The number of women biking to work spiked in 2015, according to an annual survey by the Census Bureau (**see note at bottom about this data set).
While some of the spike is likely statistical noise, looking at the number of women biking to work over the past ten years shows a clear, steep trend far outpacing the growth in the number of women in the workforce.
Since 2010, the growth of Seattle women in the workforce has lagged behind men (16 percent for women, 24 percent for men). But the number of Seattle women biking to work increased 58 percent compared to 21 percent for men.
Women now make up 35 percent of Seattle bike commuters. That’s not good enough, of course, but it’s up from 30 percent in 2010.
Biking to work is up 135 percent in the past decade among Seattle residents. Among big U.S. cities, Seattle’s four percent commute mode share is essentially tied with Washington DC and San Francisco for third place. Minneapolis is in second with five percent, and Portland is in first with seven percent, Bike Portland reports.
Driving alone in Seattle hits a modern low
Meanwhile, the number of Seattleites driving alone to work hit a new modern low, making up just 48.5 percent of all commutes. This is particularly impressive since the decline in mode share happened despite a drop in gas prices that started in late 2014. Seattle is a leader in this trend among big U.S. cities, Yonah Freemark reported on Twitter:
Looking at share of workers driving alone to work, you get larger view. Here, trend toward bike, walk, home clearer pic.twitter.com/46iNt57tjY
— Yonah Freemark (@yfreemark) September 15, 2016
On the other hand, walking continued its strong trend upwards, hitting a new high at 10.7 percent. This is likely in large part due to increased housing near jobs.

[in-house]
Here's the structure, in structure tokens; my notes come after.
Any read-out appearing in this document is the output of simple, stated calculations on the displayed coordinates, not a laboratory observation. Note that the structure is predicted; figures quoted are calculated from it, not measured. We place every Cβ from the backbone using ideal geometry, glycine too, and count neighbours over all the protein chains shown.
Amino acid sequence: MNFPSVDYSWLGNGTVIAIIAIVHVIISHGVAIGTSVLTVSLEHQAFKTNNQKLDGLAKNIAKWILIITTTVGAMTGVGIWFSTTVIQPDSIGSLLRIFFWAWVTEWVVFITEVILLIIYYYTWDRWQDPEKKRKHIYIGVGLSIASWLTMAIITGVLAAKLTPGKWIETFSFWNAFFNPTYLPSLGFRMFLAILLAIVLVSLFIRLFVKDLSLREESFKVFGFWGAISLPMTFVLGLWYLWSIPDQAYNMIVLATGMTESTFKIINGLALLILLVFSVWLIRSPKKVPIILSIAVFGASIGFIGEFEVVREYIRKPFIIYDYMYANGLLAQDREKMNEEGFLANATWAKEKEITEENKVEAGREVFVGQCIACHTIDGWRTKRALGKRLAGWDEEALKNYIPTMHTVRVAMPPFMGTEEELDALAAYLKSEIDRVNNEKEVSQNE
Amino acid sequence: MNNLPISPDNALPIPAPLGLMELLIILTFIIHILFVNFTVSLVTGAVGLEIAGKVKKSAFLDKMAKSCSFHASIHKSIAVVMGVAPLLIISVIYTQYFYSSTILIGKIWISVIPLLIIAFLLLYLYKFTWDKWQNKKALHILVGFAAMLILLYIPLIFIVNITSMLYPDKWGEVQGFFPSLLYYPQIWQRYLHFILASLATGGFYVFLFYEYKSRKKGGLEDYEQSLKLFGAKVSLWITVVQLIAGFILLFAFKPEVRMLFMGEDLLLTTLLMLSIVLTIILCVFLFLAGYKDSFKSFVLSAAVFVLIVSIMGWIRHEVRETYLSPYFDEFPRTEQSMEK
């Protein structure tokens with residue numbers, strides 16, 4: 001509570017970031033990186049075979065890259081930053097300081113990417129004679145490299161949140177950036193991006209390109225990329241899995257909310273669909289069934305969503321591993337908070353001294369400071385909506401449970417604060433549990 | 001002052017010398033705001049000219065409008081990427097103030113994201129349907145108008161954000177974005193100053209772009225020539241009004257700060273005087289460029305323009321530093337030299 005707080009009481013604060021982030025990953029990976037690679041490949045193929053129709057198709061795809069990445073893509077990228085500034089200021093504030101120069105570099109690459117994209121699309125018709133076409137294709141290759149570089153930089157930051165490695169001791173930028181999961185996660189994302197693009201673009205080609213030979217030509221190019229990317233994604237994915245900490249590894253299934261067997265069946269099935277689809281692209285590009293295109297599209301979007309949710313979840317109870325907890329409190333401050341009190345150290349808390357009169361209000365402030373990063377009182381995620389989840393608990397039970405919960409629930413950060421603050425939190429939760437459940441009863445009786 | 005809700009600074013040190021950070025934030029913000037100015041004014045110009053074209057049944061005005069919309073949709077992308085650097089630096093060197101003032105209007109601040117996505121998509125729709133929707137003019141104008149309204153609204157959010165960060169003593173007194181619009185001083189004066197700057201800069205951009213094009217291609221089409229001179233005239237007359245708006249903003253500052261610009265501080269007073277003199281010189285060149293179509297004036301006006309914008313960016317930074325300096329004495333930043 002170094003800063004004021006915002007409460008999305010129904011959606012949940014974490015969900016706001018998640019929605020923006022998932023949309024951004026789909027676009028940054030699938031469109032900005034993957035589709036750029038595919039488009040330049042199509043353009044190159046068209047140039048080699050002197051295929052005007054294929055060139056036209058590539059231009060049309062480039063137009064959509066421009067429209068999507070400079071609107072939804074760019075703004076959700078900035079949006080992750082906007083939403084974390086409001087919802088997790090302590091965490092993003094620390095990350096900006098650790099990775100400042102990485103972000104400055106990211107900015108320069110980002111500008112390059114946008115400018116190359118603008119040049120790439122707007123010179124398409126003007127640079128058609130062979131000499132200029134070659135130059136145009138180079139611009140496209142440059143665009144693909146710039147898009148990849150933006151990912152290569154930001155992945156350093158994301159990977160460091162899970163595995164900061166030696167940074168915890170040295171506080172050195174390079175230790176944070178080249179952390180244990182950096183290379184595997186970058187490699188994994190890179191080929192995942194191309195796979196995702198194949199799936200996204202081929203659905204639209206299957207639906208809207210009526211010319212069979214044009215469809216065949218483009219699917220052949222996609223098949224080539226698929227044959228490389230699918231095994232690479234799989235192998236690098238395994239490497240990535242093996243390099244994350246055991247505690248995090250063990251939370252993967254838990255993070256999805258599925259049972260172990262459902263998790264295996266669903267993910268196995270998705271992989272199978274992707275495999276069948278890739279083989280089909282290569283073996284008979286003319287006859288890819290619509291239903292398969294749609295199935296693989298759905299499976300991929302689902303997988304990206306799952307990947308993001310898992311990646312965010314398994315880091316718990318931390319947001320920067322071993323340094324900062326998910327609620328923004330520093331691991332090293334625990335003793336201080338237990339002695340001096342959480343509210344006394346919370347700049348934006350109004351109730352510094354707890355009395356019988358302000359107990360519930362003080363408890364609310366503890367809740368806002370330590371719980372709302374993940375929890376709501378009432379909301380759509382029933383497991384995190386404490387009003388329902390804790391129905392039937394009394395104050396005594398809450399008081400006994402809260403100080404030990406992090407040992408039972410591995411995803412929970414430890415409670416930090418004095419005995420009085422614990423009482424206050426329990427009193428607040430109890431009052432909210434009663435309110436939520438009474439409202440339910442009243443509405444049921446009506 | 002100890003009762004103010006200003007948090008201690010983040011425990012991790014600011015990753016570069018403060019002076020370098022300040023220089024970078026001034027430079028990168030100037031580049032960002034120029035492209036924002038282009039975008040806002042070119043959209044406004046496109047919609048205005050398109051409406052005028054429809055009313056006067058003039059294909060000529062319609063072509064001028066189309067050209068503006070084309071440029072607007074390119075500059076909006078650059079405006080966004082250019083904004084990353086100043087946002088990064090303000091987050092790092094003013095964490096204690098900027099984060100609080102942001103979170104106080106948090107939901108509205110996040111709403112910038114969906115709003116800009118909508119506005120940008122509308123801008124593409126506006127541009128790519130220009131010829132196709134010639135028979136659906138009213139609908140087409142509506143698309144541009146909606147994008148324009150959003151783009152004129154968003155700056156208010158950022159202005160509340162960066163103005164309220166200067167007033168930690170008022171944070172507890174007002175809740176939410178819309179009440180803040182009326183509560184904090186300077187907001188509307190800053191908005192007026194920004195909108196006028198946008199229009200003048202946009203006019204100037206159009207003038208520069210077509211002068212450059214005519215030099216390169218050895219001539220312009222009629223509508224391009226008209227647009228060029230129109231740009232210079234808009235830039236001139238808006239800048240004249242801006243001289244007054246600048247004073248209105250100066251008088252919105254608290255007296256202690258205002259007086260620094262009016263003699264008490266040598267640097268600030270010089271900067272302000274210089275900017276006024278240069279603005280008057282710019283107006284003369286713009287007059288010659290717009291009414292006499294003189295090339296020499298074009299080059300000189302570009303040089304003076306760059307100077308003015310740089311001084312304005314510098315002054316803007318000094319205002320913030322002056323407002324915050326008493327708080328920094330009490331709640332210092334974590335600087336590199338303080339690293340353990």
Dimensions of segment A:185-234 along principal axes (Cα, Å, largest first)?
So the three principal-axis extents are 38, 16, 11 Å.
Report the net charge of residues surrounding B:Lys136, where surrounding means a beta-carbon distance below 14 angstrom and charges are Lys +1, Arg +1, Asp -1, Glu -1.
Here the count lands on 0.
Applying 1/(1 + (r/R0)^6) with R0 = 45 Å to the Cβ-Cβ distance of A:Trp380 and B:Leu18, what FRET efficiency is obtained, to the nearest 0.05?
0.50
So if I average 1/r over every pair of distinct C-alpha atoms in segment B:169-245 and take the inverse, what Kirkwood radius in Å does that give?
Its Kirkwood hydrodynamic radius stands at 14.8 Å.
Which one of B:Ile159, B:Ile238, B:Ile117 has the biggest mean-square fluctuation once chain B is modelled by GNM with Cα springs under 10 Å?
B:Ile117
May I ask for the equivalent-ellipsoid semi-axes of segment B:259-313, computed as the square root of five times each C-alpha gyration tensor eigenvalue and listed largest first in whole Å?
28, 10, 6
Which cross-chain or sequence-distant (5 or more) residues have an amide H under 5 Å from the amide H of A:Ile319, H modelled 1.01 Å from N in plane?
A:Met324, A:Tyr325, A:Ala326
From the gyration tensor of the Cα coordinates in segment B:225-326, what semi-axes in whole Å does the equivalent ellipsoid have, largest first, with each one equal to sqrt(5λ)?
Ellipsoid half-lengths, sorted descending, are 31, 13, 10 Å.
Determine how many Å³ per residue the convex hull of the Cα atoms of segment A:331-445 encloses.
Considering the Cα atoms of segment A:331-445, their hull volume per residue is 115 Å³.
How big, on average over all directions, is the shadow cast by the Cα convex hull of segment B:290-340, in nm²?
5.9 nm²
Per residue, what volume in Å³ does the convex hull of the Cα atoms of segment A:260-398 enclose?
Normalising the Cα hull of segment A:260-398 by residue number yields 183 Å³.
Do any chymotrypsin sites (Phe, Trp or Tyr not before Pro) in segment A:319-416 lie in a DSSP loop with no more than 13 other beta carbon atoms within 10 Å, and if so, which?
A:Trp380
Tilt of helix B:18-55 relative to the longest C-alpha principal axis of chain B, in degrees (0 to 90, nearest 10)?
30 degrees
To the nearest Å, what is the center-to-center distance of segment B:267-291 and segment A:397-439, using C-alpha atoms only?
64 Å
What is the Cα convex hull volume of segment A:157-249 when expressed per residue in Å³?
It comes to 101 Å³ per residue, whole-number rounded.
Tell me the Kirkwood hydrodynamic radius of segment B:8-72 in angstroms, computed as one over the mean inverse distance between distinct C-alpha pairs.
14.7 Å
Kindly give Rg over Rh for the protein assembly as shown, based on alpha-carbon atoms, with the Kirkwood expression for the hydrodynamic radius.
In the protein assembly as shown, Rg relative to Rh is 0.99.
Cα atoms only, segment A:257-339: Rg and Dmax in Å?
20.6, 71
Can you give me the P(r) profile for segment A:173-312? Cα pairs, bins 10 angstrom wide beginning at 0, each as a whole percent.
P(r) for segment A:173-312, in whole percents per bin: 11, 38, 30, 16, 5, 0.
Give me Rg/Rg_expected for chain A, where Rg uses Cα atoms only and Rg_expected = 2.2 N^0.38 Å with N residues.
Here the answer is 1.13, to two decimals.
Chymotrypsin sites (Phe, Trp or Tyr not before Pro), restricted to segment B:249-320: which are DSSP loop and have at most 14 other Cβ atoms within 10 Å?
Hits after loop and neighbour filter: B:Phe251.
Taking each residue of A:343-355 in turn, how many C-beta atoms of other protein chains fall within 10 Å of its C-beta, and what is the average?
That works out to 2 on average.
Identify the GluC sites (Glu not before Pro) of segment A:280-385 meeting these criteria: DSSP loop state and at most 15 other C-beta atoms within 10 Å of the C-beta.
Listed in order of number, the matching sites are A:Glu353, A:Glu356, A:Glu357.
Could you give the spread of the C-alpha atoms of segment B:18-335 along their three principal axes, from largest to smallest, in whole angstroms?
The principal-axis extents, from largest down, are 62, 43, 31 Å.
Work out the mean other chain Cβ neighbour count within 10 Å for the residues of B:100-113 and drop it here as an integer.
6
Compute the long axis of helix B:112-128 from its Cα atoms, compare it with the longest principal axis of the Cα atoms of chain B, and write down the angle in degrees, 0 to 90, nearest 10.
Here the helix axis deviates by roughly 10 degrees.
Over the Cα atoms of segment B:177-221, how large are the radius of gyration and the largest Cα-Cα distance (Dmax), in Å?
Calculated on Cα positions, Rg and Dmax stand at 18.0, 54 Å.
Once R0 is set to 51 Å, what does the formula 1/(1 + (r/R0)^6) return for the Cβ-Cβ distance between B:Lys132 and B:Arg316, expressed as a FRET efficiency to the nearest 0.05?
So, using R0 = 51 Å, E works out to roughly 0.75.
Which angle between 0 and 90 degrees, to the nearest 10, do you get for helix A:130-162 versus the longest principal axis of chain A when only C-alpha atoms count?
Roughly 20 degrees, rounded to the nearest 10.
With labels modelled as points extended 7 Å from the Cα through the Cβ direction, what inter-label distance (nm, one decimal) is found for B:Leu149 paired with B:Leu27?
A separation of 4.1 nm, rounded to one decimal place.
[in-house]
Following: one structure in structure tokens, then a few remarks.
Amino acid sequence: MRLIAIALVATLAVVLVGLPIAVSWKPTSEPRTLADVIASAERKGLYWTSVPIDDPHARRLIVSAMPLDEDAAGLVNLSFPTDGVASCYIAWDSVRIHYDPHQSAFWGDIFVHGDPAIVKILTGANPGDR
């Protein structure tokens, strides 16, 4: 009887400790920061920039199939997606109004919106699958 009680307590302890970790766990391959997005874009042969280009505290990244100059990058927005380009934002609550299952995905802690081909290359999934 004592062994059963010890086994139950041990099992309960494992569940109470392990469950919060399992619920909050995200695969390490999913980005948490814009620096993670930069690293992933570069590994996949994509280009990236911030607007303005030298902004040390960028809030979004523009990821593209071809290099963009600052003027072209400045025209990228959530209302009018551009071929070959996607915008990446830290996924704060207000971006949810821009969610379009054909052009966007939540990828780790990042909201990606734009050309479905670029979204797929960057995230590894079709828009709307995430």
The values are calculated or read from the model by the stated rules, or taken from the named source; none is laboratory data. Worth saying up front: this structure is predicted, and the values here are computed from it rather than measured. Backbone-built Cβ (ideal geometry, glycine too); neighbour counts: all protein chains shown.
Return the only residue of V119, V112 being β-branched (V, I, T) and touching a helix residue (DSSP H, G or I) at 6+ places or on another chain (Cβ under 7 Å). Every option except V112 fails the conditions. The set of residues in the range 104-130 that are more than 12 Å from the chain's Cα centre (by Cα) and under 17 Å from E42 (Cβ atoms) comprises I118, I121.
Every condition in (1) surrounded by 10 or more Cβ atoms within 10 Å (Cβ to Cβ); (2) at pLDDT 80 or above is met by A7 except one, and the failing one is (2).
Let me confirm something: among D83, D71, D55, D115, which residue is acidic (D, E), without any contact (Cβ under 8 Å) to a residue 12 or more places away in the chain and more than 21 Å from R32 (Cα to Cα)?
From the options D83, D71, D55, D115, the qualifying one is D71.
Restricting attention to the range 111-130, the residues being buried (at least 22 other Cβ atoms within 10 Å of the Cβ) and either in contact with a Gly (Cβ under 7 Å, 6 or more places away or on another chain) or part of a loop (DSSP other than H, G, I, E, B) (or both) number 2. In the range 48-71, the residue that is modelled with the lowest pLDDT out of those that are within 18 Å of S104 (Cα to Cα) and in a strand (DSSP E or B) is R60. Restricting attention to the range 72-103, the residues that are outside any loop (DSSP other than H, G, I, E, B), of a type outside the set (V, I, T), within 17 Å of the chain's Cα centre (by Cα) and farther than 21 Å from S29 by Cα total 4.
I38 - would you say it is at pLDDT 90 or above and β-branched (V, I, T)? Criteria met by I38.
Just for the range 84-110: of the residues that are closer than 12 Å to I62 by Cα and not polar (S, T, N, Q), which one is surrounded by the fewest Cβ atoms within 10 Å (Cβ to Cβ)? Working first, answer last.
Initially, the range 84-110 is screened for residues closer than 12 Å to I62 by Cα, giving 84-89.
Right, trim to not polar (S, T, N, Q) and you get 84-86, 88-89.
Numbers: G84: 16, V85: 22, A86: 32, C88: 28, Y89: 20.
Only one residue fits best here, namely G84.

The share of workers biking held steady at 4 percent and transit held steady at 21 percent. This means each mode grew in accordance with job growth.
While job growth in the city means the total number of Seattleites driving alone to work increased 9 percent since 2010, that’s well below the worker growth rate of 20 percent. If trends continue, the city will start adding jobs without adding cars. And if the city takes smart, bold action, this turning point could come sooner than later.
The city is also still heading towards a day when more residents will bike, walk and take transit to work than drive alone. Ten years ago, the gap was 31 percentage points. In 2015, it was 12.8. At that rate, the balance will shift in 2022.
But we can get there sooner with bold action and smart investments in safer streets, more connected bike routes, more and better transit service and more new homes near jobs.
** Take these American Communities Survey numbers with a grain of salt. They are the result of surveys and have a fairly large margin of error. So it’s hard to draw many conclusions from year-to-year changes unless the jump is huge. Rather, the data is more useful if you zoom out a bit and look at it over many years, which is why I include the 2005 data in the charts above. It’s also important to note that the survey only measures commute trips, and people surveyed are only allowed to select the single mode they used for the most distance “last week.” So all those trips to the park or dinner or the grocery store do not count. Neither do trips made by children, people out of work or people who are retired. Perhaps most importantly for Seattle, people who combine biking and transit would likely be counted in the public transportation column, not the bike column. And if you only bike to work once or twice a week, you don’t count either. “Sex” is self-reported in the survey, and only a binary choice is available.